Pulitzer prize journalist discusses student debt


Jessica GuerrucciReporter

Whether it is destroying the American dream or putting student’s futures on hold, it is something that many college students are familiar with: student debt.

Two-time Pulitzer prize winning journalist James Steele, discussed the issue of student debt and income inequality. Steele said debt goes against the American dream because rising tuition is making college increasingly difficult to afford, therefore putting equal opportunity for some just out of reach, and for others out the window.

“It’s a terribly complicated problem, and it’s an awfully serious problem, and we need to talk about it, we need to wrestle with ideas,” said Steele “There’s probably no one simple way to solve this.”

Steele said states used to fund 60-70% of higher education costs, but while the number varies between states, the percentage has dropped significantly, and because of that tuition has gone up.

Lewis DeLuca, of the financial literacy coordinator at Southern, said he questions where the state’s money is going if it is not being put towards education.

“I wish the state gave us more money. They haven’t, so basically the university responds, and the system responds by balancing the budget,” he said. “If it’s not coming from the state, it’s coming from the students. Is it right? Is it fair? Nope.”

While DeLuca said why they are not very popular right now, he said he thinks income share agreements would be a good solution.

“Instead of you taking on the excess debt or your parents taking on excess debt, the income share agreement- the way I understand it- is: I take my limit and then there’s an investor that invests in me or you as a student, and then when we graduate, depending on our job and salary, we pay a percentage of our income,” said DeLuca.

Stephen Monroe Tomczak, associate professor of social policy and community organization, and president of the American Association of University Professors at SCSU that co-sponsored the event along with the journalism department and the SCSU chapter of SPJ, said he feels strongly about this issue because he watched as tuition increase over the years.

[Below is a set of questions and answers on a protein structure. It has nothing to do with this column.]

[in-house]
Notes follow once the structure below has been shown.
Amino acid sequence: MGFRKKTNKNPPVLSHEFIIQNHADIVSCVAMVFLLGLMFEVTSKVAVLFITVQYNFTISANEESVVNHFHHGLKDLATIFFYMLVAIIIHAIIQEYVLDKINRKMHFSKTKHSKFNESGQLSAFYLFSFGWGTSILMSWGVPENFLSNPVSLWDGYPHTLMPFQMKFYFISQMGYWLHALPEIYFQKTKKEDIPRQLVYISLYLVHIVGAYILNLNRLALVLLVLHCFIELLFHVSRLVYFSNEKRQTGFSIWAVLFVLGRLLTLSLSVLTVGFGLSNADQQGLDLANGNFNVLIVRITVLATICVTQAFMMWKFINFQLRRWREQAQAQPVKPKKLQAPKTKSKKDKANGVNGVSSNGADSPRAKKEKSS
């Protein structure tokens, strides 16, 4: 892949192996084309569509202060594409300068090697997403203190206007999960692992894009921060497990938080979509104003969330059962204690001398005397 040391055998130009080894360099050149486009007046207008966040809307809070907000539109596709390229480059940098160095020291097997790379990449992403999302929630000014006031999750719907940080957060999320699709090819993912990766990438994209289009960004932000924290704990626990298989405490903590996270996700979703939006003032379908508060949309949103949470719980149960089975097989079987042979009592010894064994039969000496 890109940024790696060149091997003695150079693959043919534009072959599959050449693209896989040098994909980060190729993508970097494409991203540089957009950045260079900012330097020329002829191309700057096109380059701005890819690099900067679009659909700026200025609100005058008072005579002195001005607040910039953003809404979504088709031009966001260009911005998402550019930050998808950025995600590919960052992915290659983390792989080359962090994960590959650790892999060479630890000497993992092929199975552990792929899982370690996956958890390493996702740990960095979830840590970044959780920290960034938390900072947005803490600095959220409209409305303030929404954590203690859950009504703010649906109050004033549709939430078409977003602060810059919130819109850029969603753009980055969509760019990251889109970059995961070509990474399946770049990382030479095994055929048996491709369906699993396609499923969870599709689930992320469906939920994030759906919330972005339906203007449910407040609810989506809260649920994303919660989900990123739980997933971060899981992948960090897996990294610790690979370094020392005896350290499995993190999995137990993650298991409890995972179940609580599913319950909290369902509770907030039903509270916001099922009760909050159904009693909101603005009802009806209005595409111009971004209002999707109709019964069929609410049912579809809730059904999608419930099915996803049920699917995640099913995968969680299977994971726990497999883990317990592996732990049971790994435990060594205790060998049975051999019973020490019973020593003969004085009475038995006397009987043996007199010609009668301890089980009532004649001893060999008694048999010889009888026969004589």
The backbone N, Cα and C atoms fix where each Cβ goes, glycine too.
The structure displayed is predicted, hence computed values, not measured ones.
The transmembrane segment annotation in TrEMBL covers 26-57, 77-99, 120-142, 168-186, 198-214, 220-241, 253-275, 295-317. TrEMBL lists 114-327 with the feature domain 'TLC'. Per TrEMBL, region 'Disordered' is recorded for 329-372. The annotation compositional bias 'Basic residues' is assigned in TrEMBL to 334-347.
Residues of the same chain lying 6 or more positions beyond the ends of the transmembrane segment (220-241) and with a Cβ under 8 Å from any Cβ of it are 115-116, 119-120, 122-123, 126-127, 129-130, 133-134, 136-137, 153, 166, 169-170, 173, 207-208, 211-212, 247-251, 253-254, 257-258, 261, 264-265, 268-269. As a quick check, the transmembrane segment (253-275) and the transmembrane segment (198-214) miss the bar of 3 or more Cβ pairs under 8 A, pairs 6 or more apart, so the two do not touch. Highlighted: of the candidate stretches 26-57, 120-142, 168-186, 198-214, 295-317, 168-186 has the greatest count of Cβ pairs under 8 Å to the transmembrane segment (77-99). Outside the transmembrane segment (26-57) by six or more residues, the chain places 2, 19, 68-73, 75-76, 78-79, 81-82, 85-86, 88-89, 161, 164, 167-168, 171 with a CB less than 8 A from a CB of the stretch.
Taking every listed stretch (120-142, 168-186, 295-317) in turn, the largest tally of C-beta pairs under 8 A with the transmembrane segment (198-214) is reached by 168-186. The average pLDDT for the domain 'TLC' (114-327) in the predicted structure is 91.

“I’ve seen it personally, the cost of tuition go up and up and up when I was student here at Southern we paid 500 dollars a semester, my students pay 10 times that amount, and that’s unjust, and it doesn’t have to be,” said Tomczak.

Another issue is the level of awareness about loans. Steele said college is a wonderful time for students, both socially and intellectually. So they are not thinking about student loans and debt until they graduate.

“Students do need to know more about and see what those consequences are, and even if they don’t change their way of life, at least they know what they’re facing,” said Steele.

While educating students on their debt is important, Steele said it does not make the debt go away, and, with the issue of this student debt becoming much bigger, Tomczak said he is committed doing something about the problem.

“The resources are there, and we should be investing these resources in the younger generation, not forcing them into a life time of debt,” said Tomczak. “It’s just wrong.”

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